Town Hall is a very good one. Yes, there are clunkers in the mix. But you'll find in Town Hall such gems as David Limbaugh, Cal Thomas, Mona Charen, Jonah Goldberg, Michelle Malkin, Oliver North, John Hawkins, Brent Bozell, Victor Davis Hanson, Chuck Norris, Rebecca Hagelin, and many more.
I heartily suggest signing up for the daily e-mail which will give you easy links to each daily column. And encourage your friends to do the same.
For examples, I offer just three of the articles I found particularly valuable this morning.
* "The ‘Gay Marriage’ Spin" by Rebecca Hagelin
...Traditional marriage proponents believe what they do because God—not pollsters-- decided the meaning of marriage. And the God of yesterday, today, and tomorrow really doesn’t care what a GOP strategist thinks is the most popular stance. So it’s a faulty premise to suggest that it’s only a matter of time before all segments of society re-think their opposition to homosexual ‘marriage.’ Believers stand on principle: Marriage is the union of one man and one woman who become one flesh through their sexual complementarity and, by their love, create new human beings. Homosexual relationships- even when lengthy, warm, and steadfast - are simply not the same.
The real question is whether the GOP has the courage to stand on principle as well. Or whether, like President Obama, GOP “principle” will reveal itself as the weathervane of political expediency, turning with the wind in the direction of dollars, donors, and demagoguery.
* "Overreach by Unions in Wisconsin" by Linda Chavez
...It's still possible for the Democrats and unions to pull off a victory if they are more successful at voter turnout than the Republicans. Unions are more than willing to bend the rules when it comes to spending union dues to get out non-union voters. The state can expect a huge influx of out-of-state union staff to work on getting out the vote -- they're already there in big numbers.
And it's likely that the Democrats will revert to some old tried-and-true tactics to get unlikely voters to the polls. In 2000, some Democratic operatives handed out cigarettes to homeless people for voting. This year, both sides have been accused of offering people food in return for voting early in the recall election. And so-called "walking around money" -- actual cash surreptitiously passed to voters, which is illegal -- is a problem with a long history in politics...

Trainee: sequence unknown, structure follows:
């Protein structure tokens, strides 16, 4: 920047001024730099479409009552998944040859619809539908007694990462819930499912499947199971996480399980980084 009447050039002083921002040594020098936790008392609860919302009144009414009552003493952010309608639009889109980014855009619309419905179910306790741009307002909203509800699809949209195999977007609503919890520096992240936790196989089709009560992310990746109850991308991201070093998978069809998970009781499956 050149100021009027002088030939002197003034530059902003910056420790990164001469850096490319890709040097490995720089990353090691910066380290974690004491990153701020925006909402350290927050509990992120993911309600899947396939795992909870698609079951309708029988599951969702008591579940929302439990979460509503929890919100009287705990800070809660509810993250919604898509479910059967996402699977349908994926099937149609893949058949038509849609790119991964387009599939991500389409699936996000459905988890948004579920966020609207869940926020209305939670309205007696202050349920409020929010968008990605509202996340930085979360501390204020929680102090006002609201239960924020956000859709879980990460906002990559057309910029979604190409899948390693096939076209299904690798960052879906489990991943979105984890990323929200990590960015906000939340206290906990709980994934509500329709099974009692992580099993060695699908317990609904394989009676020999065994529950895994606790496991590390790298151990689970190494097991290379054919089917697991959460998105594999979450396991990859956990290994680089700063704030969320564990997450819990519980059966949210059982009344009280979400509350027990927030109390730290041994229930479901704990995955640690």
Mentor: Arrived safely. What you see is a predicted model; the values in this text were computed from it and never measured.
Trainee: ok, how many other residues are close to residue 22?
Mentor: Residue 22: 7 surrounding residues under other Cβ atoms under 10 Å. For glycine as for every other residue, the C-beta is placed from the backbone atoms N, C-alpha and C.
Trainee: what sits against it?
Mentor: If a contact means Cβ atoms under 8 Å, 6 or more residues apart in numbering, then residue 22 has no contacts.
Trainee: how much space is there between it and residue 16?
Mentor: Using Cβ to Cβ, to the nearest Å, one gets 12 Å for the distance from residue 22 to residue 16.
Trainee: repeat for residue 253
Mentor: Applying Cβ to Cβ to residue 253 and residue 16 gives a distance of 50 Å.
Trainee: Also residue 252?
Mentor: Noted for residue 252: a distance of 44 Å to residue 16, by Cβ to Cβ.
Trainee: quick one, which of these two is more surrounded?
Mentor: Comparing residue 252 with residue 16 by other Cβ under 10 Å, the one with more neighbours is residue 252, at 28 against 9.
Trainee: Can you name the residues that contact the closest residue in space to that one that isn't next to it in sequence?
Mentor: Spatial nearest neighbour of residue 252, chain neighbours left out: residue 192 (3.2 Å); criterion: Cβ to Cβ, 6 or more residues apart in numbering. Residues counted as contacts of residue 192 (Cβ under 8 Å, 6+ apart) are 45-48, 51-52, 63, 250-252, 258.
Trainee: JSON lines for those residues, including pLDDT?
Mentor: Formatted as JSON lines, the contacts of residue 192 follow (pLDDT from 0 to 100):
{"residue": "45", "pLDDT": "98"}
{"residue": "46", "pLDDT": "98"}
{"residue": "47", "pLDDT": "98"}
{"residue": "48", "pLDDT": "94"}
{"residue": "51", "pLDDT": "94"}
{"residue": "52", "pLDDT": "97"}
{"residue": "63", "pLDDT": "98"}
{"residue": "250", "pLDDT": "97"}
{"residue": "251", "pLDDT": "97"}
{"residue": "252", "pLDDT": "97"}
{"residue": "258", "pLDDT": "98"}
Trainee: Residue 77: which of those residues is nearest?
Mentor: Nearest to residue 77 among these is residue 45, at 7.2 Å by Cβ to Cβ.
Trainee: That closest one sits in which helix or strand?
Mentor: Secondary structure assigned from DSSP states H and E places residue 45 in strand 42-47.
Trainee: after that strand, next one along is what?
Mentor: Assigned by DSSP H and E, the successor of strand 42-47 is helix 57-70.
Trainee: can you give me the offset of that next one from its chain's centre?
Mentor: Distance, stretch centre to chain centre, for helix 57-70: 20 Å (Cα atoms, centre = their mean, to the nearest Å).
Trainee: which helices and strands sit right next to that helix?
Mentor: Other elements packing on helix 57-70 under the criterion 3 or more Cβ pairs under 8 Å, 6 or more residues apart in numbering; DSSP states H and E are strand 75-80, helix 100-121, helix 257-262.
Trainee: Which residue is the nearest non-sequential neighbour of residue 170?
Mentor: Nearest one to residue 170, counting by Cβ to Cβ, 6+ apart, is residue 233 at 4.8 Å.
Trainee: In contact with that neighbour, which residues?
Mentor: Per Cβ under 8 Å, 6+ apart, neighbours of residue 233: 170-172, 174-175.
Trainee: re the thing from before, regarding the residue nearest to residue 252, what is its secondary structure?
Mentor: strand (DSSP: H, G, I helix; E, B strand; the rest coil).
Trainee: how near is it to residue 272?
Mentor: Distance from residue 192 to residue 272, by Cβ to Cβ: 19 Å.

* "The Unraveling Myth of Watergate" by Pat Buchanan
...According to Himmelman, not only did Bernstein try to breach the grand jury, he succeeded. One juror, a woman identified as "Z," had collaborated. Notes of Bernstein's interviews with Z were found in Bradlee's files. Writes Himmelman: "Carl and Bob, with Ben's explicit permission, lured a grand juror over the line of illegality ..."
This means that either Woodward, Bernstein and Bradlee lied to Williams about breaching the grand jury, or the legendary lawyer lied to Sirica, or Sirica was told the truth but let it go, as all were engaged in the same noble cause -- bringing down Nixon.
Who was that grand juror? Woodward, Bernstein and Bradlee know, but none is talking and no one is asking. The cover-up continues.
Had one of Nixon's men, with his approval, breached the secrecy of the Watergate grand jury, and lied abut it, that aide would have gone to prison and that would have been an article of impeachment. Conduct that sent Nixon men to the penitentiary got the Post's men a stern admonition. Welcome to Washington, circa 1972.
With the 40th anniversary of the break-in coming up this June, Himmelman's book, well-written and revelatory of the temper of that time, will receive a wider reading. As will Max Holland's "Leak: Why Mark Felt Became Deep Throat," out this spring and the definitive book on why J. Edgar Hoover's deputy betrayed his bureau and sought to destroy the honorable man who ran it, L. Patrick Gray.
With Bernstein's primary source spilling grand jury secrets, and Mark Felt leaking details of the FBI investigation to Woodward, both of the primary sources on which the Washington Post's Pulitzer depended were engaged in criminal misconduct.
At Kay Graham's Post, the end justified the means.